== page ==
confirmability

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Related to Verificationism: Verification principle

con·firm

 (kən-fûrm′)
tr.v. con·firmed, con·firm·ing, con·firms
1.
a. To support or establish the certainty or validity of; verify: confirm a rumor.
b. To reaffirm the establishment of (a reservation or advance arrangement).
2. To make firmer; strengthen: Working on the campaign confirmed her intention to go into politics.
3. To make valid or binding by a formal or legal act; ratify.
4. To administer the religious rite of confirmation to.

[Middle English confirmen, from Old French confermer, from Latin cōnfirmāre : com-, intensive pref.; see com- + firmāre, to strengthen (from firmus, strong; see dher- in Indo-European roots).]

con·firm′a·bil′i·ty n.
con·firm′a·ble adj.
con·firm′a·to′ry (-fûr′mə-tôr′ē) adj.
con·firm′er n.
Synonyms: confirm, corroborate, substantiate, authenticate, validate, verify
These verbs mean to establish or support the truth, accuracy, or genuineness of something. Confirm implies the establishment of certainty or conviction: The information confirmed our worst suspicions.
To corroborate something is to strengthen or uphold the evidence that supports it: The witness is expected to corroborate the plaintiff's testimony.
To substantiate is to establish by presenting solid or reliable evidence: "What I shall say can be substantiated by the sworn testimony of witnesses" (Mark Twain).
To authenticate something is to establish its genuineness, as by expert testimony or documentary proof: Never purchase an antique before it has been authenticated.
Validate refers to establishing the validity of something, such as a theory, claim, or judgment: The divorce validated my parents' original objection to the marriage.
Verify implies proving by comparison with an original or with established fact: The bank refused to cash the check until the signature was verified.
American Heritage® Dictionary of the English Language, Fifth Edition. Copyright © 2016 by Houghton Mifflin Harcourt Publishing Company. Published by Houghton Mifflin Harcourt Publishing Company. All rights reserved.

confirmability

(kənˌfɜːməˈbɪlɪtɪ)
n
the quality of being confirmable
Collins English Dictionary – Complete and Unabridged, 12th Edition 2014 © HarperCollins Publishers 1991, 1994, 1998, 2000, 2003, 2006, 2007, 2009, 2011, 2014
References in periodicals archive ?
Some veridicalist responses (suggested by Bouswma, Putnam, and Davidson) have been motivated using verificationism, externalism, and coherentism.
It therefore seems that Wittgenstein, even after abandoning the strong verificationism of his middle period, would still require an explanation of the numerical predicates to be epistemically adequate in the following sense: the explanation must indicate the rule which is followed in verifying number ascriptions and whose mastery constitutes understanding the numerical predicates.
On the other hand, their communal ideological views hinted at denying Christian orthodoxy and biblical authority, regulating the church-state relationship, promoting scientific investigation, verificationism and fallibilism, denouncing both Catholic and Protestant abuses, universalizing the secular values of ,,equal rights, civil liberties and humanitarian goodwill", and rejecting the false afterlife promises to the benefit of worldly life happiness (Schmidt 2016, 13).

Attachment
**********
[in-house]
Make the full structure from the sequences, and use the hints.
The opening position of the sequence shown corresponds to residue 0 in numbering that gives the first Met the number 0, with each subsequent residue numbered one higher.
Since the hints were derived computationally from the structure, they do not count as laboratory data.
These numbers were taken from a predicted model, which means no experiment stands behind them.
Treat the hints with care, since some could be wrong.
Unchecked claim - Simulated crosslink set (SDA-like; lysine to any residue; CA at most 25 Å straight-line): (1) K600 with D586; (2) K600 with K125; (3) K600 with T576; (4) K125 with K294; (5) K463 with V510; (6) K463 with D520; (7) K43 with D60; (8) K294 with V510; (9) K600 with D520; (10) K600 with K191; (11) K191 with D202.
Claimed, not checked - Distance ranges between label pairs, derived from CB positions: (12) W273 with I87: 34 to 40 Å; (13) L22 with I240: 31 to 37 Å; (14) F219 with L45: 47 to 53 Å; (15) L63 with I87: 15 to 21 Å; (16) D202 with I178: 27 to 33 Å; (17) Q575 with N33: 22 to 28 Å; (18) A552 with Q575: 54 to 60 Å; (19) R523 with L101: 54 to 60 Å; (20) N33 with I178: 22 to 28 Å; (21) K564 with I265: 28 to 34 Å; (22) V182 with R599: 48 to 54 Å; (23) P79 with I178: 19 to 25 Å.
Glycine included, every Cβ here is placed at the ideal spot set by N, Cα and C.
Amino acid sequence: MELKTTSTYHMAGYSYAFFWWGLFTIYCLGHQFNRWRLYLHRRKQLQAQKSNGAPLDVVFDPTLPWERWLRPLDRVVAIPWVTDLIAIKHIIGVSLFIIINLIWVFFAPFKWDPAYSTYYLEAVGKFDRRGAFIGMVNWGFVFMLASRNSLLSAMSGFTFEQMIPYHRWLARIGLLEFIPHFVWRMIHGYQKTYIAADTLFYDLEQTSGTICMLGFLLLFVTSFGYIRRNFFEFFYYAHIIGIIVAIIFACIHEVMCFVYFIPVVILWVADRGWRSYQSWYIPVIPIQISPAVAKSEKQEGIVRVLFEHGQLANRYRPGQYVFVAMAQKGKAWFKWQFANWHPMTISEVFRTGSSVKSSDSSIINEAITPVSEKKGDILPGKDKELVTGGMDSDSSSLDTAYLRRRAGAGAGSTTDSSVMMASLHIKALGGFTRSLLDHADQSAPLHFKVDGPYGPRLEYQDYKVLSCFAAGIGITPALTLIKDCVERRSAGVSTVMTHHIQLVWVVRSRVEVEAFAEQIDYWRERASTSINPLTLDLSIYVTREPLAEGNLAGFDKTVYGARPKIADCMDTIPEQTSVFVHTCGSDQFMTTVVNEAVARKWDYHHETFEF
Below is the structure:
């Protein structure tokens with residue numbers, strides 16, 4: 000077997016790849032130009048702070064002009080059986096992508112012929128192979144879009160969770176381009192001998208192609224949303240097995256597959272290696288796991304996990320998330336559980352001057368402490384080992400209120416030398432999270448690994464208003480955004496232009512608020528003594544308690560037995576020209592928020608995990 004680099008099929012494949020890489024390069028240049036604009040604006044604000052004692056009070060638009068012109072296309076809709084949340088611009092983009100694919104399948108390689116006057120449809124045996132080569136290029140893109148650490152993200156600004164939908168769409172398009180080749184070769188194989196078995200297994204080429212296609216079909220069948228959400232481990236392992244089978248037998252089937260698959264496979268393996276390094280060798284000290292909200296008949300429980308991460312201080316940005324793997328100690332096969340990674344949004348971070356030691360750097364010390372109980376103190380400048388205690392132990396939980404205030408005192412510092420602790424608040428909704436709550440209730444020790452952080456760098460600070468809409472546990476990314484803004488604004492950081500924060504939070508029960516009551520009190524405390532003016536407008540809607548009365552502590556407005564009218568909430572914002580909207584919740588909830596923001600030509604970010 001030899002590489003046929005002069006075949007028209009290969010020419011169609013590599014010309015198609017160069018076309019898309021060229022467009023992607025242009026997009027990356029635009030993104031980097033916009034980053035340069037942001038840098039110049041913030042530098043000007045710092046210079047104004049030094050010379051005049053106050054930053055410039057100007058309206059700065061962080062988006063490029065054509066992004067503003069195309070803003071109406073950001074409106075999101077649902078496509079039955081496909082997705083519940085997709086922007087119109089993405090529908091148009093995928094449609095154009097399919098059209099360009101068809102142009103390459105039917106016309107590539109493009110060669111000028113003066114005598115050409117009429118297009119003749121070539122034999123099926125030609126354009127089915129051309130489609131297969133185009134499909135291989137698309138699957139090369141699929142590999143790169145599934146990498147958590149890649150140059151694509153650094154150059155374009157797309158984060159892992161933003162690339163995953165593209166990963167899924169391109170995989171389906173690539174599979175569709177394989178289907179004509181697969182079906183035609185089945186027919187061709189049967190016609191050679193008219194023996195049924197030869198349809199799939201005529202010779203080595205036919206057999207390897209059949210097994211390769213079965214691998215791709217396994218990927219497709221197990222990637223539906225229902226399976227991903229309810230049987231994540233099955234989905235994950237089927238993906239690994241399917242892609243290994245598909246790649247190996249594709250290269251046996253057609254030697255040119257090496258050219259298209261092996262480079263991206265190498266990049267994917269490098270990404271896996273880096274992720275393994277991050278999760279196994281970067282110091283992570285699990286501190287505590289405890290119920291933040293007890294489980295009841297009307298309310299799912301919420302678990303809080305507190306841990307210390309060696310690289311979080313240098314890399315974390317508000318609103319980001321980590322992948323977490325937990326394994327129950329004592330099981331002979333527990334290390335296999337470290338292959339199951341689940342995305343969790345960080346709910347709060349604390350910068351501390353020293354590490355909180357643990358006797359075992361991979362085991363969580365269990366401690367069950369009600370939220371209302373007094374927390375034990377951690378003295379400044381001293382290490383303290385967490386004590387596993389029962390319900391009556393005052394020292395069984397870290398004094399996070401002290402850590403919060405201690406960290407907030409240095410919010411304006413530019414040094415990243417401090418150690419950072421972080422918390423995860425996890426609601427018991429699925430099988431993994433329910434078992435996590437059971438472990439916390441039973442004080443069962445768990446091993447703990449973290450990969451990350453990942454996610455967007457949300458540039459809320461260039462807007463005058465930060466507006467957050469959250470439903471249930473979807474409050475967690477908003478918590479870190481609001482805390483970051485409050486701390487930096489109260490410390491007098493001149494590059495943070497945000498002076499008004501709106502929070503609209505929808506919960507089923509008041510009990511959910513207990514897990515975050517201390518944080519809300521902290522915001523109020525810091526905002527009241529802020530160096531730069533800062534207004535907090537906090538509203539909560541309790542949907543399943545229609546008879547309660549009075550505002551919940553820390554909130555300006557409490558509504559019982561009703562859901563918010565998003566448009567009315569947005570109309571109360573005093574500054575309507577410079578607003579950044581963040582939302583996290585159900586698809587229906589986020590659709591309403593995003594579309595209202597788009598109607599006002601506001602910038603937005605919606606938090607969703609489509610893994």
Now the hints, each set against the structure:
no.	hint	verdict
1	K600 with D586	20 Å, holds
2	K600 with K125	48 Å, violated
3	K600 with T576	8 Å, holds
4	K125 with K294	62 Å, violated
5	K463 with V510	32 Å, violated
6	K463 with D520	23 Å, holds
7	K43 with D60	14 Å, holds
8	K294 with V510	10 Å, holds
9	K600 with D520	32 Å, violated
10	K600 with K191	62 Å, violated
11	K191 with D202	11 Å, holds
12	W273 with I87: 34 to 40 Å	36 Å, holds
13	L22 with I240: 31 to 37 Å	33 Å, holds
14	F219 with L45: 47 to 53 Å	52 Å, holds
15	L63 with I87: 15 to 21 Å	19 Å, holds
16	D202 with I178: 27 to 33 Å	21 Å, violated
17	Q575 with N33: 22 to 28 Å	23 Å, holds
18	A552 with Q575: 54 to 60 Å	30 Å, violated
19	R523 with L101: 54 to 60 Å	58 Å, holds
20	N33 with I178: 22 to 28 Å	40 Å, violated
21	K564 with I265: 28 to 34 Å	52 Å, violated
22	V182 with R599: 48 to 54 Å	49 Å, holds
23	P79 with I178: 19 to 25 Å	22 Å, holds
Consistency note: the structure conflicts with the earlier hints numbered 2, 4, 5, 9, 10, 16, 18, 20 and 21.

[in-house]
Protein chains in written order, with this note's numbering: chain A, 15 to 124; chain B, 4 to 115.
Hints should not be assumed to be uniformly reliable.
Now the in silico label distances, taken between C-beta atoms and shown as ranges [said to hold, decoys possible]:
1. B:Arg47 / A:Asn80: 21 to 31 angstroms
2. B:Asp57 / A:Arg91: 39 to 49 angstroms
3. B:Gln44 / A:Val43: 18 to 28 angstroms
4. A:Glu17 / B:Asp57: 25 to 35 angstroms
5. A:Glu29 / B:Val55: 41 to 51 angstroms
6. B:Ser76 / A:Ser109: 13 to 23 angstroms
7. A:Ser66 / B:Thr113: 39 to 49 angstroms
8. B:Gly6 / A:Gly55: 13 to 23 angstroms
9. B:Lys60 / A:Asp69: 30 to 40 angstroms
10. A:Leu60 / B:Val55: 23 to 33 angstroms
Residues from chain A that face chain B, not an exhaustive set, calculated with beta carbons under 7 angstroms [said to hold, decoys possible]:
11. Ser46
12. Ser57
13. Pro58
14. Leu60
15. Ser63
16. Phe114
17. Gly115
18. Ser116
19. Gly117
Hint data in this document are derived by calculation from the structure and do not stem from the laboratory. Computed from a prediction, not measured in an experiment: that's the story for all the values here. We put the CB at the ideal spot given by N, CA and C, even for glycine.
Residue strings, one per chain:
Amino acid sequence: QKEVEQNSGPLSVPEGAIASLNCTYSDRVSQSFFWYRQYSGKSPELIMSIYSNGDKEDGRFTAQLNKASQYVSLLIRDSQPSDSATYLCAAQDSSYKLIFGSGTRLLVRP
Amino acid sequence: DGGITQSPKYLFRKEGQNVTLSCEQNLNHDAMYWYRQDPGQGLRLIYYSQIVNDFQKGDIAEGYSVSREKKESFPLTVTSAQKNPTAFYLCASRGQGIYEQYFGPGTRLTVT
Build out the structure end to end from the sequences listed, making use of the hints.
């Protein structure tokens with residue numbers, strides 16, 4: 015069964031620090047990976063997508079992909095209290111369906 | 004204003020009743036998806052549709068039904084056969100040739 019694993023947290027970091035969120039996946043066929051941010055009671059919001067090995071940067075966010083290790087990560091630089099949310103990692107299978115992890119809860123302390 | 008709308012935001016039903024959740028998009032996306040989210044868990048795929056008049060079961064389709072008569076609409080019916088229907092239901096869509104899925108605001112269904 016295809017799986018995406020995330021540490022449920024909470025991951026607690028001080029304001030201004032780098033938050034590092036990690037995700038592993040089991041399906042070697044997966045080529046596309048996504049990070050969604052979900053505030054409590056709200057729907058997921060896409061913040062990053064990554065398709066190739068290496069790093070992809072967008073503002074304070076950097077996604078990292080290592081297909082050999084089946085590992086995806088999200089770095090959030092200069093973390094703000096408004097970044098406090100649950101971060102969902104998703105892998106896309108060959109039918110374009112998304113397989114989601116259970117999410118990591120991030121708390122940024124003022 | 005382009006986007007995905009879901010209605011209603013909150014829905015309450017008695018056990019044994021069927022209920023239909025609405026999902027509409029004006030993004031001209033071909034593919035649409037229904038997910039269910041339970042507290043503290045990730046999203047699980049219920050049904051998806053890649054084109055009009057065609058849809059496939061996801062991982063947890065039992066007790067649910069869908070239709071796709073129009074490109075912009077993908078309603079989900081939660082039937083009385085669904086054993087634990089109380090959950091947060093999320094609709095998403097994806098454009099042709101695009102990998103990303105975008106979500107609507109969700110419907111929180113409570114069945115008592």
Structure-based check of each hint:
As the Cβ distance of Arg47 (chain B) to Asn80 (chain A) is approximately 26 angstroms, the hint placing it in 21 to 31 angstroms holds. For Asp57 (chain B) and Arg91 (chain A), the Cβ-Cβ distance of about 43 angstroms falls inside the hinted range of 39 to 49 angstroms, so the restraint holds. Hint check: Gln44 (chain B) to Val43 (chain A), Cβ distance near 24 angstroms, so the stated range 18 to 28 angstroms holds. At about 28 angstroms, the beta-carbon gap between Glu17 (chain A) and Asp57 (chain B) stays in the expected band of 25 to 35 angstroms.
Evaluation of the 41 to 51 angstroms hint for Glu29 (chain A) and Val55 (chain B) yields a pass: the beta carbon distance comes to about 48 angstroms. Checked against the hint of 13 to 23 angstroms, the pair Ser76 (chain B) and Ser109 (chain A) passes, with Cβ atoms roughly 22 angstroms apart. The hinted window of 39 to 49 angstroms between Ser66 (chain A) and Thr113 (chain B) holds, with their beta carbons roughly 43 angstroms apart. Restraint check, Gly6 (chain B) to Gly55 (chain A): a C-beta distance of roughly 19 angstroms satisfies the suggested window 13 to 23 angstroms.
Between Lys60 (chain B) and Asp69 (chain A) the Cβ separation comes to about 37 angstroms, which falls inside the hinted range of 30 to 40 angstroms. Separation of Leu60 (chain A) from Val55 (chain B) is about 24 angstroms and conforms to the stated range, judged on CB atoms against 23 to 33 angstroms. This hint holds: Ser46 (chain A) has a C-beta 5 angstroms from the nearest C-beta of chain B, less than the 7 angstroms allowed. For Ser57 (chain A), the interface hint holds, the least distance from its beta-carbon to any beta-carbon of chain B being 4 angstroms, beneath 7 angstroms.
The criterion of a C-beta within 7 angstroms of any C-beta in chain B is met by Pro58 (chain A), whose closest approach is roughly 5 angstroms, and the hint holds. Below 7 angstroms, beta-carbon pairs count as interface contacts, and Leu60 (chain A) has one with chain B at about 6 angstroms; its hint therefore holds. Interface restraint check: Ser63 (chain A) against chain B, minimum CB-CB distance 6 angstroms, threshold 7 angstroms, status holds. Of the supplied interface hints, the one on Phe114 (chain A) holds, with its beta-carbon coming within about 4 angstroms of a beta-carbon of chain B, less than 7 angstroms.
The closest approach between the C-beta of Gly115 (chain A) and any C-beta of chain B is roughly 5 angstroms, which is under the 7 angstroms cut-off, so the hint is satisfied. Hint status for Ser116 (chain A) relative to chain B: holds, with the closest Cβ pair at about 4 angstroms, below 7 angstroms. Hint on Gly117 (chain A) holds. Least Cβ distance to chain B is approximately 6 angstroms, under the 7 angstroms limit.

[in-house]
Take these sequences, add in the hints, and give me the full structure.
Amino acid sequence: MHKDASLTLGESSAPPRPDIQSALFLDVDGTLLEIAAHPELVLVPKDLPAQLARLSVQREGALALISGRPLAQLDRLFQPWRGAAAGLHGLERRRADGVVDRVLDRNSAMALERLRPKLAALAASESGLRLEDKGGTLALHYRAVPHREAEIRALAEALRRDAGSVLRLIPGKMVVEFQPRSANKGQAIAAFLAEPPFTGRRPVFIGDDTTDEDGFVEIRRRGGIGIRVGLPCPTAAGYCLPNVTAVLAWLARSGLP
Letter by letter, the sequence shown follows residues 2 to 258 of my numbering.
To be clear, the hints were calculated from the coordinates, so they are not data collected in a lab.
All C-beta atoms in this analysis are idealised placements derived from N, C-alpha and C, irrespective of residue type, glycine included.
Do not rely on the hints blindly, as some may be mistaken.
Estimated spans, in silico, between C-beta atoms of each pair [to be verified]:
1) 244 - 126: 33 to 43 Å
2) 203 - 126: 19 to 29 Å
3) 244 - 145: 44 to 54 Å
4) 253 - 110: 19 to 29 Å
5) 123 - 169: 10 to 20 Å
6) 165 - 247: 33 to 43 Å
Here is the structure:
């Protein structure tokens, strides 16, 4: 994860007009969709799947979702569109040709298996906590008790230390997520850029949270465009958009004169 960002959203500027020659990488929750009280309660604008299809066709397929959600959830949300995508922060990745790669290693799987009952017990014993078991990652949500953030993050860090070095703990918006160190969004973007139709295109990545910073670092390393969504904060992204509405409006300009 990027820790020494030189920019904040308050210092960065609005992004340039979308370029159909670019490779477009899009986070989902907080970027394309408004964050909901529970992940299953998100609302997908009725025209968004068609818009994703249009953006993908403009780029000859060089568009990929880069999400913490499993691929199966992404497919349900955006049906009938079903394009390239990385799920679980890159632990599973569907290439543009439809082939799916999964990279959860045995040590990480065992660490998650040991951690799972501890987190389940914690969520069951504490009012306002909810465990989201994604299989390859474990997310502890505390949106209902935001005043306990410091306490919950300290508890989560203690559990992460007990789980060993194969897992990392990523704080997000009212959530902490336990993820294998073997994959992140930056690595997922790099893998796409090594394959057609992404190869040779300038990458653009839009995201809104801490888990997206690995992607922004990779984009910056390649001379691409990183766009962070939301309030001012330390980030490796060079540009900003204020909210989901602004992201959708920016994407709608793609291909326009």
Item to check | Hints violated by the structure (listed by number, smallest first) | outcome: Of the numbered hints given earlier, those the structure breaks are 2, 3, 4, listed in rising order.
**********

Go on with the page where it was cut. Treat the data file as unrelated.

In the best of hypotheses, they abide by a logic of verificationism that emerged from the Vienna Circle (3).
Minimal Verificationism: On the Limits of Knowledge
(127) Asi segun STRAWSON: "[E]ven if we have a tenderness for transcendental arguments, we shall be happy to accept the criticism of STROUD and others that either such arguments rely on an unacceptably simple verificationism or the most they can establish is a certain sort of interdependence of conceptual capacities and beliefs: e.g.
Since verificationism, as now Putnam sees it, renders internal realism solipsistic, he has come to reject the coherence of this doctrine.
Rather than believing in a positivist conceptualization of the world where the role of empiricism or empirical methodology is to test and prove the theoretical constructs proposed are real and can be actually verified, Banks begins with a dismissal of the verificationism held sacred by positivists, insisting that theory is merely a program of justification for ideological beliefs or ideals that are not proven by proof or evidence but rather protected from falsification by proof or evidence.
deductive logic; second empirical verificationism, the idea that only statements that are either empirically verifiable or falsifiable (synthetic) or true by definition (analytic) are scientific; third theory and observation distinction, the view that there is a strict separation between observations and theories, with observations being seen as theoretically neutral; finally the Humean Theory (theory of David Hume) of causation, the idea that establishing a casual relationship is the matter of discovering the invariant temporal relationship between observed events.
Wolenski also comes up with a (new) paradox directed at theories like verificationism, which pose conditions on a sentence being meaningful (318); but the argument assumes that a sentence which is meaningful and wrongly says of itself that it isn't thereby (i.e., by being false) says that it is false.
Appealing to verificationism and holism is the best way of arguing for the indeterminacy thesis.
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